Most beer shouldn't be ice cold to begin with. Good beer at least. I agree with your sentiments about the mass market fizzy piss they call beer though.

  • Re:As a Belgian (Score:4, Insightful)

    by h4rr4r ( 612664 ) on Thursday May 02, 2013 @10:15AM (#43609507)

    The reason for this is very simple.
    The brewer does not pay for the cooling, the bar or customer does. This means they can continue to use cracked rice, cracked corn, the lowest grade of barley known to man and hops extract. When you are making a billion gallons of brew you can make a lot of profit by using animal feed instead of proper ingredients.

    Then you simply advertise the hell out of serving this garbage as cold as possible, which covers up the taste.

  • by h4rr4r ( 612664 ) on Thursday May 02, 2013 @10:17AM (#43609537)

    1. Stella is overpriced crap, for the same money you could buy good beer.
    2. No one said warm, celler temp is what you want.

  • by Z00L00K ( 682162 ) on Thursday May 02, 2013 @10:34AM (#43609741) Homepage

    Mod parent up, it's not even surprising.

    If this is a new discovery for someone then it's really an indication of how bad education is in the western world.

  • Re:As a Belgian (Score:4, Insightful)

    by Rob the Bold ( 788862 ) on Thursday May 02, 2013 @10:46AM (#43609895)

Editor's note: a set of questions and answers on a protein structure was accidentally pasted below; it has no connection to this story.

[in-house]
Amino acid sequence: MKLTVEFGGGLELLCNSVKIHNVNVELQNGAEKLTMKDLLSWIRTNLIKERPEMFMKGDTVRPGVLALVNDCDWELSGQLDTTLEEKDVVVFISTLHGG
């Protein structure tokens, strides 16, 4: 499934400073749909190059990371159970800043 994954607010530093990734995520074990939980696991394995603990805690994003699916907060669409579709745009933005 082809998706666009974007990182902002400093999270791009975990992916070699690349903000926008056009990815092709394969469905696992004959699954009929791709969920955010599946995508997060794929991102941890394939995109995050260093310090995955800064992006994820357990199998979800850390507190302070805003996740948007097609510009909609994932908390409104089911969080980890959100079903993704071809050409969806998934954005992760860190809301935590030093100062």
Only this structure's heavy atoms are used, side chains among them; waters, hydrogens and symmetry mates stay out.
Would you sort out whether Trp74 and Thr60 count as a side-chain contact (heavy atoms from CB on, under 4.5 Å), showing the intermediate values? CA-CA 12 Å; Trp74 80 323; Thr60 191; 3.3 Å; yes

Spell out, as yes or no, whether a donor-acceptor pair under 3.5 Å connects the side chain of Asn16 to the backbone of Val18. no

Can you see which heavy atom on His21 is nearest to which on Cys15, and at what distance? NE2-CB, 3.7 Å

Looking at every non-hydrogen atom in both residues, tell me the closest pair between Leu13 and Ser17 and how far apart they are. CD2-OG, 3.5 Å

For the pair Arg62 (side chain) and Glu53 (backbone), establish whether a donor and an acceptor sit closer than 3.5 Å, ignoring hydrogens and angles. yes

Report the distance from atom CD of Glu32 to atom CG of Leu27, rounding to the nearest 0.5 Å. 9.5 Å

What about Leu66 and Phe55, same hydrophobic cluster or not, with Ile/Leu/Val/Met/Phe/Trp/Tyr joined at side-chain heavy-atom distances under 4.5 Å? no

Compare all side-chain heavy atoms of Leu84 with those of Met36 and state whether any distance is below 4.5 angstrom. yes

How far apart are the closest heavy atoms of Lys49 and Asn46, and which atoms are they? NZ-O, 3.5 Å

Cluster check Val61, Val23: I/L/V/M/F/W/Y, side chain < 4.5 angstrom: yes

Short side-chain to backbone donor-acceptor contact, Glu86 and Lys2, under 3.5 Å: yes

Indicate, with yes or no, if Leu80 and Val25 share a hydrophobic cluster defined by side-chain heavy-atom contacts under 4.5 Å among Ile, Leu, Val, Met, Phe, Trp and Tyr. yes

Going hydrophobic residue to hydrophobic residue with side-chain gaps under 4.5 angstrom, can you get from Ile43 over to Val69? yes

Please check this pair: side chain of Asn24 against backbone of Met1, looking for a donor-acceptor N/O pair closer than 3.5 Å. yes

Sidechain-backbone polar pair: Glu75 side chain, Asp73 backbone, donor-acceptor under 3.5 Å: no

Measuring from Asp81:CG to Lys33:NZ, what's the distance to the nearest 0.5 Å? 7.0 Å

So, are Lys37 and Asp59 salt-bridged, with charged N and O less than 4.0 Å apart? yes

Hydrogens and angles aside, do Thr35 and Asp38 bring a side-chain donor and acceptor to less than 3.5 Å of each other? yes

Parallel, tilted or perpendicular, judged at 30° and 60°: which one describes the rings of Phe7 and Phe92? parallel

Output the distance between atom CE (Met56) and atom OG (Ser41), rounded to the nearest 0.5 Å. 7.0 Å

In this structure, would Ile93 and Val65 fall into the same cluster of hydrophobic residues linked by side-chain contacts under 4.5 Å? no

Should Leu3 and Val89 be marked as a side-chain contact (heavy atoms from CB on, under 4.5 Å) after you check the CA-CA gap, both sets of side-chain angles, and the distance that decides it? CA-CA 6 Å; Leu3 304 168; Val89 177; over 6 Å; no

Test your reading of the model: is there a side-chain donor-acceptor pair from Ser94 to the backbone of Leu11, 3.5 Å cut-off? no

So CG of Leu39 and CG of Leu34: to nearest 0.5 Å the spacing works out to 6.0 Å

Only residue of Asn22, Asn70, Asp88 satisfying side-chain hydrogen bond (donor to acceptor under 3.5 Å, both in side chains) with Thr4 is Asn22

Why not spending a couple of extra cents on quality ingredients to make a quality beer instead of blowing money on cooling?

    Because that wouldn't be the American Megacorporate Way. Why spend more on product quality, when you could spend half as much on ubiquitous ad campaigns to redefine the country's understanding of what "beer" even is?

    WRT beer, what is this American Megacorporation to which you refer? AB InBev? Grupo Modello? SABMiller? Molson Coors? (I guess that last one's half-American, but not really "mega" compared to the first two.)

  • by Anonymous Coward on Thursday May 02, 2013 @11:27AM (#43610437)

    Lots of craft brewers are going to cans, at least here in Colorado.

    No. Not gonna work. If you want good, go for good. If you want something that's good for your camping trip, then don't pretend that would be the same a beer connoisseur would drink. I'm sure it's better than bud in a can, but for the good beer, there's europe. :)

  • by Anonymous Coward on Thursday May 02, 2013 @12:07PM (#43610869)
    I am curious why you feel glass bottles are superior to cans, because right now, you're coming across as an audiophile who ignores all evidence that their $1000 cable is no better than a coat hanger.
  • by msauve ( 701917 ) on Thursday May 02, 2013 @02:01PM (#43612159)
    Even easier. If you don't drink BMC (Bud/Miller/Coors), there's no need to keep it so damn cold [] to kill the taste.